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Social Distancing, the Art of ‘Scansare,’ and Human Connections

In ‘Il Gattopardo,’ The Leopard, by Tomasi di Lampedusa, Tancredi tells the uncle, “Tutto deve cambiare affinche’ tutto resti uguale,” “Everything must change for things to stay as they are.”

We are changing our social distancing rules, but everything will stay the same when it comes down to human interactions. We will use our ingenuity to humanly connect or disconnect with other fellow human beings.

The ‘passeggiata,’ the leisurely stroll, was used by my villagers of Salice, Messina, as a casual strategy to start a relationship or altogether avoid one another. Particular looks, strides, or 'intentional' inadvertent bumps were premeditated to obtain specific reactions.

In celebrated village gossip, one evening, a wealthy young lawyer was strolling with his friends up and down Via Principe Umberto, the only main street in Salice. In the crisscrossing, he was barely touched by a good looking young girl also walking with her friends in the opposite direction.

“Signorina, lei mi ha sfiorato," "Miss, you have touched me," were the words uttered by the young lawyer. As my mom continued with the story, the gossip became an open argument for interpretation. Some villagers translated the words into a possible 'legal suit' for being intentionally bumped physically by a commoner. Other villagers transformed the terms into an unconscious declaration of love. ‘Sfiorato’ reflected on the assumption that the young lawyer’s heart was touched by the young girl.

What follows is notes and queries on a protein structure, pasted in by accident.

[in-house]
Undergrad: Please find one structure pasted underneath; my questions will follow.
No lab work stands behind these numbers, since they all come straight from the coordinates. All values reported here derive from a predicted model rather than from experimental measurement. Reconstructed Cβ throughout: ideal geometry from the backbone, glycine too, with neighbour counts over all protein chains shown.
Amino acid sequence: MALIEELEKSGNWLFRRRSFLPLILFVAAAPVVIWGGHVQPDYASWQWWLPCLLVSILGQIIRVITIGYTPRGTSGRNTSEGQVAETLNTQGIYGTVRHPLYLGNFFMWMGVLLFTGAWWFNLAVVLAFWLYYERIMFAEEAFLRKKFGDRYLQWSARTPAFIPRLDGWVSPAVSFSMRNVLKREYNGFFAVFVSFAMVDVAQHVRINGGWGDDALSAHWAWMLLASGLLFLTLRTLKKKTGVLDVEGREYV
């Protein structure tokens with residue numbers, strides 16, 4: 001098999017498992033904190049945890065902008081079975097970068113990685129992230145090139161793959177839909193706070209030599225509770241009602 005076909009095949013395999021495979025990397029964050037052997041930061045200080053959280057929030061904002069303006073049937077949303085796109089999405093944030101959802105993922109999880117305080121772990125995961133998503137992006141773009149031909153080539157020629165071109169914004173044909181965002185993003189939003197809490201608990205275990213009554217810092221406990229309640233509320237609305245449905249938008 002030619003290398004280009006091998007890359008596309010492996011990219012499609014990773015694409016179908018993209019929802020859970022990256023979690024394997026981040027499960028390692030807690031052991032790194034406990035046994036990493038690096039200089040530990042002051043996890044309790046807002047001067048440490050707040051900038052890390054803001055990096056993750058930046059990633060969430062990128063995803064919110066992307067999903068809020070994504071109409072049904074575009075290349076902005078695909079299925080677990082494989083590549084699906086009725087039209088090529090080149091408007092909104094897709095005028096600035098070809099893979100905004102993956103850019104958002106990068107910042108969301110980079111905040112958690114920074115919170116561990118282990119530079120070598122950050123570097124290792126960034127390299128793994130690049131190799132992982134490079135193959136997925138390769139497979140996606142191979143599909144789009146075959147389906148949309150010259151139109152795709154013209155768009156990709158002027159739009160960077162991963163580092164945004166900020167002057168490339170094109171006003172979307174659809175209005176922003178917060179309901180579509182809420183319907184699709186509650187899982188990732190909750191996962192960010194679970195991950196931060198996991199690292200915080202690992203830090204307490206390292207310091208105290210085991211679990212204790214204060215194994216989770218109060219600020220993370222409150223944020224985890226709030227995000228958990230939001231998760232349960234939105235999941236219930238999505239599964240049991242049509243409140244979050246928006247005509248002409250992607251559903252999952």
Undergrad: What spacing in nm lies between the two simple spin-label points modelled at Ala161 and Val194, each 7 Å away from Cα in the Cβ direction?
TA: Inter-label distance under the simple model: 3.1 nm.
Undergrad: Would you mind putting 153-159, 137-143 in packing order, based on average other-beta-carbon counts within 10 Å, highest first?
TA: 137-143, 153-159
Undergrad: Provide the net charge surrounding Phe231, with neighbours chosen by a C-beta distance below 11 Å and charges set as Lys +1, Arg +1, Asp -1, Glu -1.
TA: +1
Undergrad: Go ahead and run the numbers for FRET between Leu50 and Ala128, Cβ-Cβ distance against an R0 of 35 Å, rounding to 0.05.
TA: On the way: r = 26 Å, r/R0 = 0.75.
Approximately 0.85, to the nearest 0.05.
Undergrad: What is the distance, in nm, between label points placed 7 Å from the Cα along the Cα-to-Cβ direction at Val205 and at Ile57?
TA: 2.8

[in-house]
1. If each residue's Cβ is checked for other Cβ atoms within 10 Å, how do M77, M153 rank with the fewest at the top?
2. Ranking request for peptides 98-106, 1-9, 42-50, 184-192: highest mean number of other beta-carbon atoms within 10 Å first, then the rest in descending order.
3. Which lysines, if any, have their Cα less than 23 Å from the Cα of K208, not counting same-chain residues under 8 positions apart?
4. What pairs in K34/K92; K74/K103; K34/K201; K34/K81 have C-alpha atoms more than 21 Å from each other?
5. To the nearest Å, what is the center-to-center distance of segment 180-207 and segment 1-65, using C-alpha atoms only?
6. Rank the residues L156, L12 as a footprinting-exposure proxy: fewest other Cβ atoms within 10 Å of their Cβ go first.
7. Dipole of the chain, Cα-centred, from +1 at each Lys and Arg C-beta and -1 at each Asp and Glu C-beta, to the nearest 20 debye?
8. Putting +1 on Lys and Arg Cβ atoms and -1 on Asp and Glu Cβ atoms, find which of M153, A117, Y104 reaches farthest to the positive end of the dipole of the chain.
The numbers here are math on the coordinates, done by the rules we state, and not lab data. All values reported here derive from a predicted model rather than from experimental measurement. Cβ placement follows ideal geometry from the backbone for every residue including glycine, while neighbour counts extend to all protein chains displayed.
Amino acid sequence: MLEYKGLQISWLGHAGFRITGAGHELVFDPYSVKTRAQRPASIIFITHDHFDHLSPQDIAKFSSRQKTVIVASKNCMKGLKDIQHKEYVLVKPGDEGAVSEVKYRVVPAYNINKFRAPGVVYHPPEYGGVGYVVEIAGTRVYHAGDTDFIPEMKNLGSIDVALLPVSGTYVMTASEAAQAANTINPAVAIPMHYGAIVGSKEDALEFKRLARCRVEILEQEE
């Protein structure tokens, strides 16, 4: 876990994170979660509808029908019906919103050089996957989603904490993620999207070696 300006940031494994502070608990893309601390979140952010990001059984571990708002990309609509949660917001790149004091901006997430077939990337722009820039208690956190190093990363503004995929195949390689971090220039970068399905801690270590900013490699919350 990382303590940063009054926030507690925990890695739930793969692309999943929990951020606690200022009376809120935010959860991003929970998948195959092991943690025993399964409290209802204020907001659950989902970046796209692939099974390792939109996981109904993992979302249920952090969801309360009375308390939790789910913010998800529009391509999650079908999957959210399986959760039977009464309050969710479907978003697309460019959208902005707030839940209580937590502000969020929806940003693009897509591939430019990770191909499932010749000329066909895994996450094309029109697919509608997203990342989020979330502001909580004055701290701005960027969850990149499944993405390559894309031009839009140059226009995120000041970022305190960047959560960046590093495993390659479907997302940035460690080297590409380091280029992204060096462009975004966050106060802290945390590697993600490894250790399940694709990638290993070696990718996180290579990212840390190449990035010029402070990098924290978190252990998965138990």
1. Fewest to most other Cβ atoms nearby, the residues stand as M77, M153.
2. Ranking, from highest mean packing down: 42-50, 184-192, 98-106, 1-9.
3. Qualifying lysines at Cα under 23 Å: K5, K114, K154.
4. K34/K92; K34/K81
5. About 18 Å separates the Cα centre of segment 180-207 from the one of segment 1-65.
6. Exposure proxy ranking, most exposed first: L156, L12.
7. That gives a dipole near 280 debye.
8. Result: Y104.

One hundred or so years later, the 'passeggiata' in cities and towns in America, has become a popular hobby, More so now as a reaction to quarantine directives. The rules of the leisurely stroll have changed. As we walk our neighborhoods, we do not get near afraid of being ‘sfiorati,’ touched. Instead, we are practicing a renewed ‘art form’ of the passeggiata. The opposite of ‘sfiorato,’ ‘scansare,’ avoid. When we notice our fellow humans approaching, we are already planning our strategy. We ask ourselves, “Should I cross the street?” “If I go straight, should I dodge left or right?”

Tommasi Di Lampedusa was correct: Everything must change. However, as we adapt to the new social distancing rules, we will invent subterfuges to stay the same: remain truthful to our human nature. We will use scansare to reconnect. We will smile, nod, and wave from a distance. Our spirit will push us to find the correct vaccine: empathy, compassion, caring. In other words: love for our fellow humans.

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